Thursday, 2 March 2017

Post 47: All About Vitamin D




Hi guys,

I felt that I was going a little “dark-path” again, and needed to turn the light around, and back to health. Psychology, motivation and philosophy are still big parts of healthy living, but I want the main focus of this blog to be on bringing information to you guys in an enjoyably articulate way.

Today’s post is on Vitamin D and has been on my list of “to-dos” (or should that be “to-writes”... - C), for a few months now. It’s all over the news and is enjoying a fashion of-sorts at the moment. On top of that, Spring is just around the corner, which makes this topic much more actionable!

Vitamin D deficiency is widespread. This is because of a combination of people not being outside enough or living in climates which they aren’t fully evolved for. Initial signs of a deficiency include tiredness, muscle pain, and having higher susceptibility to colds and flu.

Way back in my mini-supplement review (which you can find here), I mentioned that I used Vitamin D; it’s been part of my “stack” for about seven months now (you might hear the word “stack” bandied around the internet and your friendly local health store; it’s a phrase for the collection of vitamins/supplements you take each day).




Vitamin D: what is it?

Vitamin D is a steroid hormone which comes in two forms: D2 and D3 (the one we need). It’s naturally produced by our bodies when UV-B rays from the sun interact with the cholesterol in our skin. Because we can produce the cholesterol we need for this process in our own bodies, we can say that Vitamin D is non-essential; what this means is that we can get all we need without eating anything. On the other hand, for example, Vitamin C is an essential nutrient, meaning it has to be eaten in some way for us to have it.

For fair skinned people, you need about 30 minutes of direct sun exposure each day. People with dark skin need considerably more (some sources saying up to three hours), because their skin allow less of the UV-B rays through to interact with the cholesterol. Obese people also need more because Vitamin D can be absorbed into fat.

Sounds quite simple then, right? The problem is that with our modern regime of office blocks, clothing, pollution, and sunscreen (which primarily blocks UV-B rather than UV-A), in combination with not living near the equator, we are not making enough D.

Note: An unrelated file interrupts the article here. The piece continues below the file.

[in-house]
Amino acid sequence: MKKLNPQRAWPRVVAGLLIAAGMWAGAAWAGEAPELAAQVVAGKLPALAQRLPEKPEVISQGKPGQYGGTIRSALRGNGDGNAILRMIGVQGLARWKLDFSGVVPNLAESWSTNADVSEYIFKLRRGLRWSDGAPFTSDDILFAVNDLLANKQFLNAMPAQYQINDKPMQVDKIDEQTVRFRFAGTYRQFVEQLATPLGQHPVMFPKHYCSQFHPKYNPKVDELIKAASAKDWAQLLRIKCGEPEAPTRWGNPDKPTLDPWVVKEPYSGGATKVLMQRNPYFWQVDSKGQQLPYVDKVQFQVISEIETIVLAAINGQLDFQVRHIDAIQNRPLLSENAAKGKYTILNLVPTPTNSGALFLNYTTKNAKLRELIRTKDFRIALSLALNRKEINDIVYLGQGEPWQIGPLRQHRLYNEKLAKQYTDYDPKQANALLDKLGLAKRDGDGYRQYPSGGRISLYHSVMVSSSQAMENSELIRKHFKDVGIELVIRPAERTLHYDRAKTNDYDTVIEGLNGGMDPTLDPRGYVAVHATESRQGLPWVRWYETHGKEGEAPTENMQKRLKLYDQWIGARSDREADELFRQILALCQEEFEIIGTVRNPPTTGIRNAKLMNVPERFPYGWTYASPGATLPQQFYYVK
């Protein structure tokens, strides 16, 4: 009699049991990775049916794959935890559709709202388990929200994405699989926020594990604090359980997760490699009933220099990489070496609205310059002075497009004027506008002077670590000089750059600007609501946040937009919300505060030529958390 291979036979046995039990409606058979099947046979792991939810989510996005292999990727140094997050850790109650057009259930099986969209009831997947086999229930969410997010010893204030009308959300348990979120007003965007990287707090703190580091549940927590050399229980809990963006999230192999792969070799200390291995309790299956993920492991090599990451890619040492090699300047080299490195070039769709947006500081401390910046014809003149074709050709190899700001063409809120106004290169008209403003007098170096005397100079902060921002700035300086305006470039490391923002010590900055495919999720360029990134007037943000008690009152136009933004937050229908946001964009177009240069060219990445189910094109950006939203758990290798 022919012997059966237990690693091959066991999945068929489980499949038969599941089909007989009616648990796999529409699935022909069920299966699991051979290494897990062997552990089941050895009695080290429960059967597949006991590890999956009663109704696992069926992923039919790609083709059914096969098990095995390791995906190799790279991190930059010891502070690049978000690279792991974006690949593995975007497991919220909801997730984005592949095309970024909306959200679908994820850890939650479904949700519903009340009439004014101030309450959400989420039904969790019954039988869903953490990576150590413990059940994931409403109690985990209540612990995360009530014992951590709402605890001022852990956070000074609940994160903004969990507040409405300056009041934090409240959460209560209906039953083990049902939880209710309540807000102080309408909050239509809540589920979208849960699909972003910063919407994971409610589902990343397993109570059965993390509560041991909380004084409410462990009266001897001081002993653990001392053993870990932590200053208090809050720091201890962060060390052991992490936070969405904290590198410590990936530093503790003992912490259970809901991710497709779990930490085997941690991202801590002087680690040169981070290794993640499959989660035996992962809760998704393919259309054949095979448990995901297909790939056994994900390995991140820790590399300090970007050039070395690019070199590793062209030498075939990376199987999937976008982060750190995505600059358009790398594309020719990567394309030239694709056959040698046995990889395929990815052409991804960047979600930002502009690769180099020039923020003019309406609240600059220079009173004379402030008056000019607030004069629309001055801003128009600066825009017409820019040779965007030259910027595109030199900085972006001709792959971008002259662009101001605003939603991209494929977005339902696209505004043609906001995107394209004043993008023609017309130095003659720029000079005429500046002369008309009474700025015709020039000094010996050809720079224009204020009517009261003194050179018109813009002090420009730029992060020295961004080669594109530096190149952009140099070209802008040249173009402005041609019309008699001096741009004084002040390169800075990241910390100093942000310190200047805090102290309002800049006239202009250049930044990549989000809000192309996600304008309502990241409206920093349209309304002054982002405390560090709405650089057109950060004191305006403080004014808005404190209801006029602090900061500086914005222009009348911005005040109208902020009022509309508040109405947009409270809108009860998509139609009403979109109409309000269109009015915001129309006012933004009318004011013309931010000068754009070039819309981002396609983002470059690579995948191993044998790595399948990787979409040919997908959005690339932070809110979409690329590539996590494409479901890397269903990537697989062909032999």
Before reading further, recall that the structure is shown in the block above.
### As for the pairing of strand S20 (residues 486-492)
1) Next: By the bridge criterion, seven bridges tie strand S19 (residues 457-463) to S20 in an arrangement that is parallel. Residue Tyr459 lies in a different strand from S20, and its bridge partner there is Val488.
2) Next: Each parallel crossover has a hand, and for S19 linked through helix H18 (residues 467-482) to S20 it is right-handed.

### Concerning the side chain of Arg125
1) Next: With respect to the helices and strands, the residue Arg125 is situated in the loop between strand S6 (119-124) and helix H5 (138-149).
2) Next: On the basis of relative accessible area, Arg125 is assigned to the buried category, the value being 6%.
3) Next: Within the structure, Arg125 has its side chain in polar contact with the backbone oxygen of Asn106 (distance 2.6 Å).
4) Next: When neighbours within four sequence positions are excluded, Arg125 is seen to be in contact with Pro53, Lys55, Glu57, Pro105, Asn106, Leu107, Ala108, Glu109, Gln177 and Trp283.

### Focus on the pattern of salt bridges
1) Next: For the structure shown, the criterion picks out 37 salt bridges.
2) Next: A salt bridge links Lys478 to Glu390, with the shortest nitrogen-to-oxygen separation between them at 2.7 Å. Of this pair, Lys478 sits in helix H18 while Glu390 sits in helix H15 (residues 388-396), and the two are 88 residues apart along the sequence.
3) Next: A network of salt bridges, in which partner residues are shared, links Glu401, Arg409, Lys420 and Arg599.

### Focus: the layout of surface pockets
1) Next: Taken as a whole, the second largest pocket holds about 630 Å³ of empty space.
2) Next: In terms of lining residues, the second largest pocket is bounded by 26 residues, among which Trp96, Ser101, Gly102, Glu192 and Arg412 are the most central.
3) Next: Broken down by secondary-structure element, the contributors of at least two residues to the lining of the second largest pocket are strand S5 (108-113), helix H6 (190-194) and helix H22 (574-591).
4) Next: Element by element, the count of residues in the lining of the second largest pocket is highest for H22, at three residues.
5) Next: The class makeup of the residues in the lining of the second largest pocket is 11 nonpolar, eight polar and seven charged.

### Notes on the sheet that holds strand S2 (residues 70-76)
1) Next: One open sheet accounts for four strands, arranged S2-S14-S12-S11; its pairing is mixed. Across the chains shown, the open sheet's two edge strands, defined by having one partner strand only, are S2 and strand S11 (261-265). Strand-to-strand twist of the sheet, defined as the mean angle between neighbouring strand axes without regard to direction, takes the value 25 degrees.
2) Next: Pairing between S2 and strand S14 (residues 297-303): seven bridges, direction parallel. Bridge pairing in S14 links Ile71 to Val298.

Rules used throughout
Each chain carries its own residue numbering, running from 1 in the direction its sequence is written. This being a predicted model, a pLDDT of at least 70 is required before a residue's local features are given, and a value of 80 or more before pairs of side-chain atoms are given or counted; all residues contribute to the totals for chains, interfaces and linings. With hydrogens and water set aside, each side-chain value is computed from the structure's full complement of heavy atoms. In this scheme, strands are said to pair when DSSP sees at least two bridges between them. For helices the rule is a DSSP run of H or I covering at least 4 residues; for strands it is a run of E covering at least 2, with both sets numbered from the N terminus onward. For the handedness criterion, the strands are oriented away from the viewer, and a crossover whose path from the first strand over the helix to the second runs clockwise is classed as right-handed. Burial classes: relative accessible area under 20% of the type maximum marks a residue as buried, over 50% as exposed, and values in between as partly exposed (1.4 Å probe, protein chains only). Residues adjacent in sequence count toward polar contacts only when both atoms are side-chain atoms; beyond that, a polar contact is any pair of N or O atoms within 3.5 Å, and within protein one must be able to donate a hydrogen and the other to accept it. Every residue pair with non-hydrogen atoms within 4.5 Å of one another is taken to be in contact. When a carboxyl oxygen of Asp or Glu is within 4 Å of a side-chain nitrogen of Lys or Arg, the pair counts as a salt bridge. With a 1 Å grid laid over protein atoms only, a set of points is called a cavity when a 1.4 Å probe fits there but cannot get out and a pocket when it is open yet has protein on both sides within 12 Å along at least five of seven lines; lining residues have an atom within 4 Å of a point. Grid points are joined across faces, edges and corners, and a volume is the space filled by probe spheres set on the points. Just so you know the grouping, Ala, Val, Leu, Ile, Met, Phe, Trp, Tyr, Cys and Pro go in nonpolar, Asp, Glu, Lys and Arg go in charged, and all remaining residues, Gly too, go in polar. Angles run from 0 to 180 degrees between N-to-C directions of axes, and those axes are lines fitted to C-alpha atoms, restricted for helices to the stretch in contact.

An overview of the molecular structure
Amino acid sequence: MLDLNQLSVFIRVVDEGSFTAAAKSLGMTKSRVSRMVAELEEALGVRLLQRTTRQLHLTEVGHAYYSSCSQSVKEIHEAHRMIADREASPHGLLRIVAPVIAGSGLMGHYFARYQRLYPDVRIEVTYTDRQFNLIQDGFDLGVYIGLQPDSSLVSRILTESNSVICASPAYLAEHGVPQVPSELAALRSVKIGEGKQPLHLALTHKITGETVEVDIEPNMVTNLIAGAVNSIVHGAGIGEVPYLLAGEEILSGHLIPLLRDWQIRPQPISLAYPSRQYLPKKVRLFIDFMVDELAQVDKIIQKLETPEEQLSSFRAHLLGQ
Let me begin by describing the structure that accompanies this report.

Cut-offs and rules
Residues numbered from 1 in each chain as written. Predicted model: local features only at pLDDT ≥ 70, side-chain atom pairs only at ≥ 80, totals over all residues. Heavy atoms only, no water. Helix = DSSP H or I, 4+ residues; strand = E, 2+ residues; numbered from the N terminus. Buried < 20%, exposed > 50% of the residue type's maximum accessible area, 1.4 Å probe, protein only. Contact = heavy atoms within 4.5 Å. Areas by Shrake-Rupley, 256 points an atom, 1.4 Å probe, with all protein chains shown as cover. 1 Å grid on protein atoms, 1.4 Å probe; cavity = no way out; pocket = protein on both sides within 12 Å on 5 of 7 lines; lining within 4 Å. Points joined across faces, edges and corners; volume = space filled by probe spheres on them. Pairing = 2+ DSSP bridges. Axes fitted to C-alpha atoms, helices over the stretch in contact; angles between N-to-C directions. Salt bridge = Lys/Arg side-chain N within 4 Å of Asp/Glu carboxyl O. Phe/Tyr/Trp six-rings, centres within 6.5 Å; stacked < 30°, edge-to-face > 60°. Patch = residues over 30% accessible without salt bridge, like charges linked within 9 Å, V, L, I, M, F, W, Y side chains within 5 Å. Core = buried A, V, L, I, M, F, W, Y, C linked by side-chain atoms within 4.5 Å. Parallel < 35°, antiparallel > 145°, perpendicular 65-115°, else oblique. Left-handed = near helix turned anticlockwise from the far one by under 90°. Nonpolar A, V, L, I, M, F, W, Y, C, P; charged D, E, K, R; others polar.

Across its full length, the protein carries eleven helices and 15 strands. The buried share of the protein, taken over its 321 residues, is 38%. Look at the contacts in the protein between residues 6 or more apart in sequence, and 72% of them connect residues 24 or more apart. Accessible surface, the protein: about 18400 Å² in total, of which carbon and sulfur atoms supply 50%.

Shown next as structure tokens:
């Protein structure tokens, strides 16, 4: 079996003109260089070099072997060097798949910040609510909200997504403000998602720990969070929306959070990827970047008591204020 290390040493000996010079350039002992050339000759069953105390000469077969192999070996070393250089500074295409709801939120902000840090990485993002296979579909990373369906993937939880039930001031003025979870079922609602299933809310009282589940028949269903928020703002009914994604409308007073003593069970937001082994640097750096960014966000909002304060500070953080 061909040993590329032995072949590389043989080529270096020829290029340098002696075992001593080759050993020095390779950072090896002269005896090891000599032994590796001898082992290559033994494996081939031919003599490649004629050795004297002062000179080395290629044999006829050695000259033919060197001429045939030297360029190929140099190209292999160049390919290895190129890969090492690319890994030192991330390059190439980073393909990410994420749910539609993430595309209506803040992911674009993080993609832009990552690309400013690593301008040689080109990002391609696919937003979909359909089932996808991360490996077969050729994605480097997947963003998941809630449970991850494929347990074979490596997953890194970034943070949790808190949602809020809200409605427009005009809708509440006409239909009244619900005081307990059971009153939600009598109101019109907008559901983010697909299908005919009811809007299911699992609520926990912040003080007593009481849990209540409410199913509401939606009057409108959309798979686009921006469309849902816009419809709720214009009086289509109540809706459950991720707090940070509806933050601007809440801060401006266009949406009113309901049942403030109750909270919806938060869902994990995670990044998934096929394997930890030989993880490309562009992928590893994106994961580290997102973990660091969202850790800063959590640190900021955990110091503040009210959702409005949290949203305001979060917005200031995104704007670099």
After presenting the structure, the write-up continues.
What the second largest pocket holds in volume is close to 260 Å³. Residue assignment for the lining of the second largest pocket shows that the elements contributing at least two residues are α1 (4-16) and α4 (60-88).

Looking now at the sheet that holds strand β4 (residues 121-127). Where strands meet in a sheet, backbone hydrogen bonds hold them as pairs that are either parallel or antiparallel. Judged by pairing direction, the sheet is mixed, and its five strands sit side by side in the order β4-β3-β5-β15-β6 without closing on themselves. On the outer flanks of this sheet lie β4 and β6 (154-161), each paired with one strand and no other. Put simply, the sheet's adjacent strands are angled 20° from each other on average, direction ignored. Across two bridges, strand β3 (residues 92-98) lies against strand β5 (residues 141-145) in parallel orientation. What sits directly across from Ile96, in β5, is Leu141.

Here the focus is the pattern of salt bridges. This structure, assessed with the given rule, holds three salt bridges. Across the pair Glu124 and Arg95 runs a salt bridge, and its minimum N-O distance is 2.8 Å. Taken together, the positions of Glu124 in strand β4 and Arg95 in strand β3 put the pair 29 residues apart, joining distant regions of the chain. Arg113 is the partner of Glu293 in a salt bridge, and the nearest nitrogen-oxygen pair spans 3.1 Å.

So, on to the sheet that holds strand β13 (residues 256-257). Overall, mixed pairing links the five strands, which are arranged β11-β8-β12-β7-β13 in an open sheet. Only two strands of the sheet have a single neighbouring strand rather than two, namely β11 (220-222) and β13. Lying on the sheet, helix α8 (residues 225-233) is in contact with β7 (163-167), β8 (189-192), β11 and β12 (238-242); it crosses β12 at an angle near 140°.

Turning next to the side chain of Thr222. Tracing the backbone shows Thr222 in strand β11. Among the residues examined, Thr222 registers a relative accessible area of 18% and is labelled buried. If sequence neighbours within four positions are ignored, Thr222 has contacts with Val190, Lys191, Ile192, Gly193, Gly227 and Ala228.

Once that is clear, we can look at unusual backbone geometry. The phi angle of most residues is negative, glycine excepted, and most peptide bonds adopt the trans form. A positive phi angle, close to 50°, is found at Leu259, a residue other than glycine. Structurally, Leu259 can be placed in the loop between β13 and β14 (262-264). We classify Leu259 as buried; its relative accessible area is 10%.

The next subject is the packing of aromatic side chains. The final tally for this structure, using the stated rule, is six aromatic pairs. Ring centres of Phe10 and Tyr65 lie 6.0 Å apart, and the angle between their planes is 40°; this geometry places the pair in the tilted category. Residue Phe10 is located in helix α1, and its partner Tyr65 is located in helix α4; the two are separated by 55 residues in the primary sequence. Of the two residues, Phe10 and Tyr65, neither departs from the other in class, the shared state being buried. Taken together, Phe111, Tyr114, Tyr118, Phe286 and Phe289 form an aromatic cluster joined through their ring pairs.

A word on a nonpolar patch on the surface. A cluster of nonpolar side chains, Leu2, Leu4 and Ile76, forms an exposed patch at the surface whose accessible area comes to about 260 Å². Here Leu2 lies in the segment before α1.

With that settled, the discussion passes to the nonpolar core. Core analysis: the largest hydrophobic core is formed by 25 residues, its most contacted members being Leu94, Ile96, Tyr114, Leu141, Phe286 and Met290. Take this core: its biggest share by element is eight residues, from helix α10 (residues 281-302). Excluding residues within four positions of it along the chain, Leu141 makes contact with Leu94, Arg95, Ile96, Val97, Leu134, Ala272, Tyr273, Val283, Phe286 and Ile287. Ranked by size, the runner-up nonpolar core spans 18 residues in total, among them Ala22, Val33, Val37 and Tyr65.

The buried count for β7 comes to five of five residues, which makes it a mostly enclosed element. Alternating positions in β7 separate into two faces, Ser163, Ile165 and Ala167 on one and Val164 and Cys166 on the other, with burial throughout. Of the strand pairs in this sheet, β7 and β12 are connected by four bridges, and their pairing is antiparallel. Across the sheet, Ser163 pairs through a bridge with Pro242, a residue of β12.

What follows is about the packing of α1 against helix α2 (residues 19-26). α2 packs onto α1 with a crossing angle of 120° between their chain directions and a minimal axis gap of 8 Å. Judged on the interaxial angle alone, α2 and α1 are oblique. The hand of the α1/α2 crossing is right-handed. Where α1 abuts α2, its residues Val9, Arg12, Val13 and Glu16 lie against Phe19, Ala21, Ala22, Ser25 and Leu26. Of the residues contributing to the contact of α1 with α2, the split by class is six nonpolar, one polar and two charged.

N.B. food is another way to obtain Vitamin D, especially from fatty cold-water fish, but this method does not provide enough unfortunately.



What does it do?

Vitamin D has a myriad of effects on the body (no wonder it’s so popular in the news: people must consider it a cure-all - C).

The first job of Vitamin D is to regulate blood calcium levels, and if there isn’t enough, then your blood will take calcium from bones. This is why a deficiency leads to rickets, osteoporosis, and other bone related diseases. But don’t be fooled by cereals fortified with Vitamin D, as they have actually been shown to reduce calcium levels.

Once its primary purpose is fulfilled, D gets to work on a lot more. Including:
  • Gene expression
  • Better sleep (Vitamin D inversely relates to melatonin - the sleepy hormone - and promotes healthy circadian rhythms) when taken in the morning via sunlight or supplementation
  • Testosterone, human-growth hormone, and estrogen
  • Immune function
  • Lowers inflammation
  • Cardiovascular health and fitness



How to get more D in your life

So, we already know about one method: sunlight. It’s free, incredibly cheap, and completely natural. Unfortunately, it’s not available for parts of the year. The problem is that we still need Vitamin D, a lot!

Vitamin D is fat soluble, meaning that if you take it as a supplement you need to eat some fat at the same time otherwise your body won’t absorb it.

The two methods lead to exactly the same end product, the only difference is the possibility of toxicity if you supplement too much. Our bodies have an in-built off switch for production once we’ve got enough, but theoretically you could take more and more supplements and eventually harm yourself. On the other hand, you would need to take a hell of lot to reach that level.

Sunlight is clearly preferred, but for most of us, we’ll need some supplementation. I follow the Vitamin D council’s recommendation of 1000 IUs per 25 pounds of bodyweight, and use the Solgar brand.



Takeaways

I hope you enjoyed today’s post and have one foot out the door to either catch some rays or buy a supplement. Here’s this week’s takeaways:

  1. Vitamin D is required for bone health as well as a huge array of bodily functions
  2. If you can get sunlight, then go down that route; you could do this by simply going for a quick walk during your lunchtime
  3. Otherwise, get a supplement, and remember to eat some fat at the same time!

Until next time,
Cowlean

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